Featured Poet: Rodger Martin, Hancock
I am pleased this time, to showcase a poem by Rodger Martin. It was Rodger (along with Martha Carlson-Bradley) who first welcomed me into this supportive New Hampshire Poetry Community. He has been immensely (and unselfishly) supportive of both poets and poetry here....perhaps especially his work with the NH Young Writer's Conference, as an organizer of the DelRossi's poetry series and writing workshop and, this year, with the National Poets Out Loud Project.
-- Pat Fargnoli
Rodger Martin has published poetry and fiction in journals throughout the U.S. His sonnet "Mask" was nominated for a Pushcart Prize by Entelechy International. He's been awarded a New Hampshire State Council on the Arts Fellowship for Fiction, an Appalachia prize for poetry, and fellowships by the National Endowment for the Humanities. He is the managing editor for The Worcester Review, teaches journalism at Keene State College, and is The New Hampshire State Coordinator for the Poetry Out Loud Project. In China, he has been published as a member of The Monadnock New Pastoral Poets and writes a bimonthly anecdotal poetry column or The Yangtze River Journal.
Rodger writes: "This poem is from a 14-poem sequence called The Blue Moon Series, one each for the fourteen full moons in aÂ lunar cycle which unlike the solar cycle of twelve months, takes thirteen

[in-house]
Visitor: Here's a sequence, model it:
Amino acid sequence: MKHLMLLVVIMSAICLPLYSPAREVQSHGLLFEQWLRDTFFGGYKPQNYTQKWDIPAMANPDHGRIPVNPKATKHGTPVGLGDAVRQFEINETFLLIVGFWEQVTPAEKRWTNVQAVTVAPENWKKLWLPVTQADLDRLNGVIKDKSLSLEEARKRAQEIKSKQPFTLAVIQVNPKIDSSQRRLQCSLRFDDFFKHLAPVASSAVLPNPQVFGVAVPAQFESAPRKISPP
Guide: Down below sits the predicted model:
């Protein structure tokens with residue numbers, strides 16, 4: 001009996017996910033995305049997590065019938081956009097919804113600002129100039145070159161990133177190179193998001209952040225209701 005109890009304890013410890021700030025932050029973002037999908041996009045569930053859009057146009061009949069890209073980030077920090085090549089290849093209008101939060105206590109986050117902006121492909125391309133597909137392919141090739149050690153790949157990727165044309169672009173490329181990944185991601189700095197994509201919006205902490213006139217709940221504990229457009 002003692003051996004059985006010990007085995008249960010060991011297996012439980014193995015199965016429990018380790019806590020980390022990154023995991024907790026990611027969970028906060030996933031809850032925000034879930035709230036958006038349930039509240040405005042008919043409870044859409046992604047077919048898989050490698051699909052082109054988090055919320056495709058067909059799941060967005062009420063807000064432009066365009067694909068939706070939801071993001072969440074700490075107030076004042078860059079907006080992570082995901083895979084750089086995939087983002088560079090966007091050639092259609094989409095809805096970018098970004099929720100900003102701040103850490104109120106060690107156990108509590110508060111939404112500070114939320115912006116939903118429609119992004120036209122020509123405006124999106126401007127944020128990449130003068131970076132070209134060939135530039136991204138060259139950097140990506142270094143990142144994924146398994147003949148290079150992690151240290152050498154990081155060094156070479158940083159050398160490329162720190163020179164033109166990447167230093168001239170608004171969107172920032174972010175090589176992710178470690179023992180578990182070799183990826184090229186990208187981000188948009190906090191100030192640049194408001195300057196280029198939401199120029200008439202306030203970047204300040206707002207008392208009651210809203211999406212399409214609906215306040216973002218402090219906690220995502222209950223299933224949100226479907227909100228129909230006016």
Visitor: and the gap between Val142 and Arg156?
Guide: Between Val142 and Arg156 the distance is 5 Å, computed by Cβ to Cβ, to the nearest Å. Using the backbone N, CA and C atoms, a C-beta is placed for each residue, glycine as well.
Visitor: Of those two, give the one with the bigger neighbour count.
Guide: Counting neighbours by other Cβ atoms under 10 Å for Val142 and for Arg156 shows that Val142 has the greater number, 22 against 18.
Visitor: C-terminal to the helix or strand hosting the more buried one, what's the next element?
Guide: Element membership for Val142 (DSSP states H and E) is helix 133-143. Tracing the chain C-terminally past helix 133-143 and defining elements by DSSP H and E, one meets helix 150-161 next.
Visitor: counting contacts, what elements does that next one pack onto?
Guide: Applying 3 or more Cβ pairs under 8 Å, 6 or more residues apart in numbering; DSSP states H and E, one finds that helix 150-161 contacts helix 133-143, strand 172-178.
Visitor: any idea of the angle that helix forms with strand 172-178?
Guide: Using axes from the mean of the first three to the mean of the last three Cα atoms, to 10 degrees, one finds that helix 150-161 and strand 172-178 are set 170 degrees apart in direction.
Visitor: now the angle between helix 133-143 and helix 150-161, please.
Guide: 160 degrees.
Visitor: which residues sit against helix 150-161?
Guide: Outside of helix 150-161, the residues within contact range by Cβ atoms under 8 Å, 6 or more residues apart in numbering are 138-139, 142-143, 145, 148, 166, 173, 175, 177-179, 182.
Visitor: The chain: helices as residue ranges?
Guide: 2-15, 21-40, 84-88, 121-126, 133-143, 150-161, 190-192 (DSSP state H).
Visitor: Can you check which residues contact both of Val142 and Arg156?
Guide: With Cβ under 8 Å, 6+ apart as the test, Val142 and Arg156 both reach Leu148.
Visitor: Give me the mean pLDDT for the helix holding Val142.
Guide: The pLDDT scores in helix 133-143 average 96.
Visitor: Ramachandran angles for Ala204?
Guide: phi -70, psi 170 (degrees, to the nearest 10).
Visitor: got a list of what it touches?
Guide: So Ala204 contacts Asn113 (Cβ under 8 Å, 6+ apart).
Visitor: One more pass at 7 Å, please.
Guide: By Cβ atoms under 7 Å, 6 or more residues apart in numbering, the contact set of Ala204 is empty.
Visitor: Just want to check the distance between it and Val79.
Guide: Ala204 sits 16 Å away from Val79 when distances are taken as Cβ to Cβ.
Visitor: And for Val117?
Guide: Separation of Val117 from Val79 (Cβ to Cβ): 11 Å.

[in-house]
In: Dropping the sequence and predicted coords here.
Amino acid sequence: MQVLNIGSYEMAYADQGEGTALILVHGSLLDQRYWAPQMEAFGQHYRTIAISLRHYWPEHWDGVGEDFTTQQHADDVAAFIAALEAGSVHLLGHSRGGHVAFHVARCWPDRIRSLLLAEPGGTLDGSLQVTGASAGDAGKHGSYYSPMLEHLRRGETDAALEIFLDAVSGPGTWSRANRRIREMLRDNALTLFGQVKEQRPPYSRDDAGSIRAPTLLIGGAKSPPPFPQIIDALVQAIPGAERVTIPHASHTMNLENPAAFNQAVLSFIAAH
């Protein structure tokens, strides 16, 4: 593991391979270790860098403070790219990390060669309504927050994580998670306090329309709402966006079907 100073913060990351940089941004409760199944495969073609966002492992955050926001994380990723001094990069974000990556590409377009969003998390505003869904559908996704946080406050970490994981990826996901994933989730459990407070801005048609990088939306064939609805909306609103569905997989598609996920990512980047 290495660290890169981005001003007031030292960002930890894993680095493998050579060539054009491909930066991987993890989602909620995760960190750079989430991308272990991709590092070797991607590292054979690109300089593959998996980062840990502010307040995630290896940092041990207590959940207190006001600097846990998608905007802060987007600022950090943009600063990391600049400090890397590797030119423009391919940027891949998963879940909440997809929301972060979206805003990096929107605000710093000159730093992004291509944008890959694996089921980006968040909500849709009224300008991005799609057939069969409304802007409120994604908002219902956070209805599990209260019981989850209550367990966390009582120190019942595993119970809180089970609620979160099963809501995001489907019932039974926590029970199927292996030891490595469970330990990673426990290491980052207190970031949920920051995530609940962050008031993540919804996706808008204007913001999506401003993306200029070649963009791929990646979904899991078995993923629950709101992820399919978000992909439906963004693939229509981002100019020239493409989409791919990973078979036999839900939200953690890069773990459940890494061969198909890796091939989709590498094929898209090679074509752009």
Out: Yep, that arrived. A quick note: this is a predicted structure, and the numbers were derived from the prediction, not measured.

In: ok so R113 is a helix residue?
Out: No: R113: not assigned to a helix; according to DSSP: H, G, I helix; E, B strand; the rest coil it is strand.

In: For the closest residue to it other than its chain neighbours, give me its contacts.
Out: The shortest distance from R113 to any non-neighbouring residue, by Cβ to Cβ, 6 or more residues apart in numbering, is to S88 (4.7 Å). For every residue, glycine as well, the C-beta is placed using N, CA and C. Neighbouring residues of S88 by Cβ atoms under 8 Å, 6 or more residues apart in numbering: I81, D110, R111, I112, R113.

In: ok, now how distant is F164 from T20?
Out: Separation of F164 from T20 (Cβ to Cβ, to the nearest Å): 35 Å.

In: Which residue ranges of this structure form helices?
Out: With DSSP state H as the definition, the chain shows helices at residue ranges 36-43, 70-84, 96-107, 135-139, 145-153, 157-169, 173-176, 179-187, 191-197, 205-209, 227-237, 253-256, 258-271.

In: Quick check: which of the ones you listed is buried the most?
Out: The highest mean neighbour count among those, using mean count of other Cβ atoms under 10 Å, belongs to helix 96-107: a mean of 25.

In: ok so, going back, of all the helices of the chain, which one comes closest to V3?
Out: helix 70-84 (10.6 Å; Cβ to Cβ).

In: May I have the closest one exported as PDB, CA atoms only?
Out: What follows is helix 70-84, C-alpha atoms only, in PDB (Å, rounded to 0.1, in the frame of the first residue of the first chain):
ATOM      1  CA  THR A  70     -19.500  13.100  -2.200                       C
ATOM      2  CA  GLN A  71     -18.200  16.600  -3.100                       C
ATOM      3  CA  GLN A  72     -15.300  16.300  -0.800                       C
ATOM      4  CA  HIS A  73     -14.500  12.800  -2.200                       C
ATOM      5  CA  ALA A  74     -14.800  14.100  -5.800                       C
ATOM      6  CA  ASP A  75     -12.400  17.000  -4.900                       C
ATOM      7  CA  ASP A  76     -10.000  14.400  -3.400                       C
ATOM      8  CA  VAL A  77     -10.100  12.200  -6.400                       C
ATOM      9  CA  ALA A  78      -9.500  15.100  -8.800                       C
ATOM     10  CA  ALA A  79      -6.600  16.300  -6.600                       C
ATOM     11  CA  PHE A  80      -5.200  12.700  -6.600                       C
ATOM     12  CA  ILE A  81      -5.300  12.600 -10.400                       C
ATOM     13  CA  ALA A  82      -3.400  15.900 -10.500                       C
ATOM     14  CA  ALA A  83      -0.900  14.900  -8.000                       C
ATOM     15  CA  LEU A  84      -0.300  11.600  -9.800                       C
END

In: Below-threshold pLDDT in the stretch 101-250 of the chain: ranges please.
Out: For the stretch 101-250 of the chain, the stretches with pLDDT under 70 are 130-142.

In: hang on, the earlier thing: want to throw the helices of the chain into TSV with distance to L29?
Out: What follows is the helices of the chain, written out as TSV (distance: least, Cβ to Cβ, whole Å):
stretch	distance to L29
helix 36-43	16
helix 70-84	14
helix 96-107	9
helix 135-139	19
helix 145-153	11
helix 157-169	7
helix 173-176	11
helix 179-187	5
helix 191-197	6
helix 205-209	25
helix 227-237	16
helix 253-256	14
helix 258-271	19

months to complete.Â Because the lunar orbit is elliptical, the anomalistic moon would be the moon closest to the earth and therefore appearing much larger than other full moons. The tone of the poem had its genesis after one of the recent fall elections where it appears a majority of Americans are more than willing to give away their common wealth, rights, and futures to corporate and religious zealots who will promise, say, and do anything to get their hands on that birthright. I chose what I call a modified sonnet form because the more out of control and extreme the subject, the more it demands a formal framing."
The Anomalistic Moon -- December
Across the valley-- a bright orange surge
rising like an orb of Eckleberg--
a carnal ball that paints the mountain's face
and surveys the patriotic ash. Its glow
gropes the icy slopes as if a virgin
breast while all about the naked base
Christmeisters, bellies jiggling coin, let holler,
"Give me your pennies; I've got your dollar."
Finally, like a chastened child, the winter wind
sulks into background leaving the sky a-glisten
with diamonds. Snow guns, shooting streams of white
up like fountains, salute in silence beneath
the mercury lamps for the lost children's flight
on crystal heath who yearn for a home that night.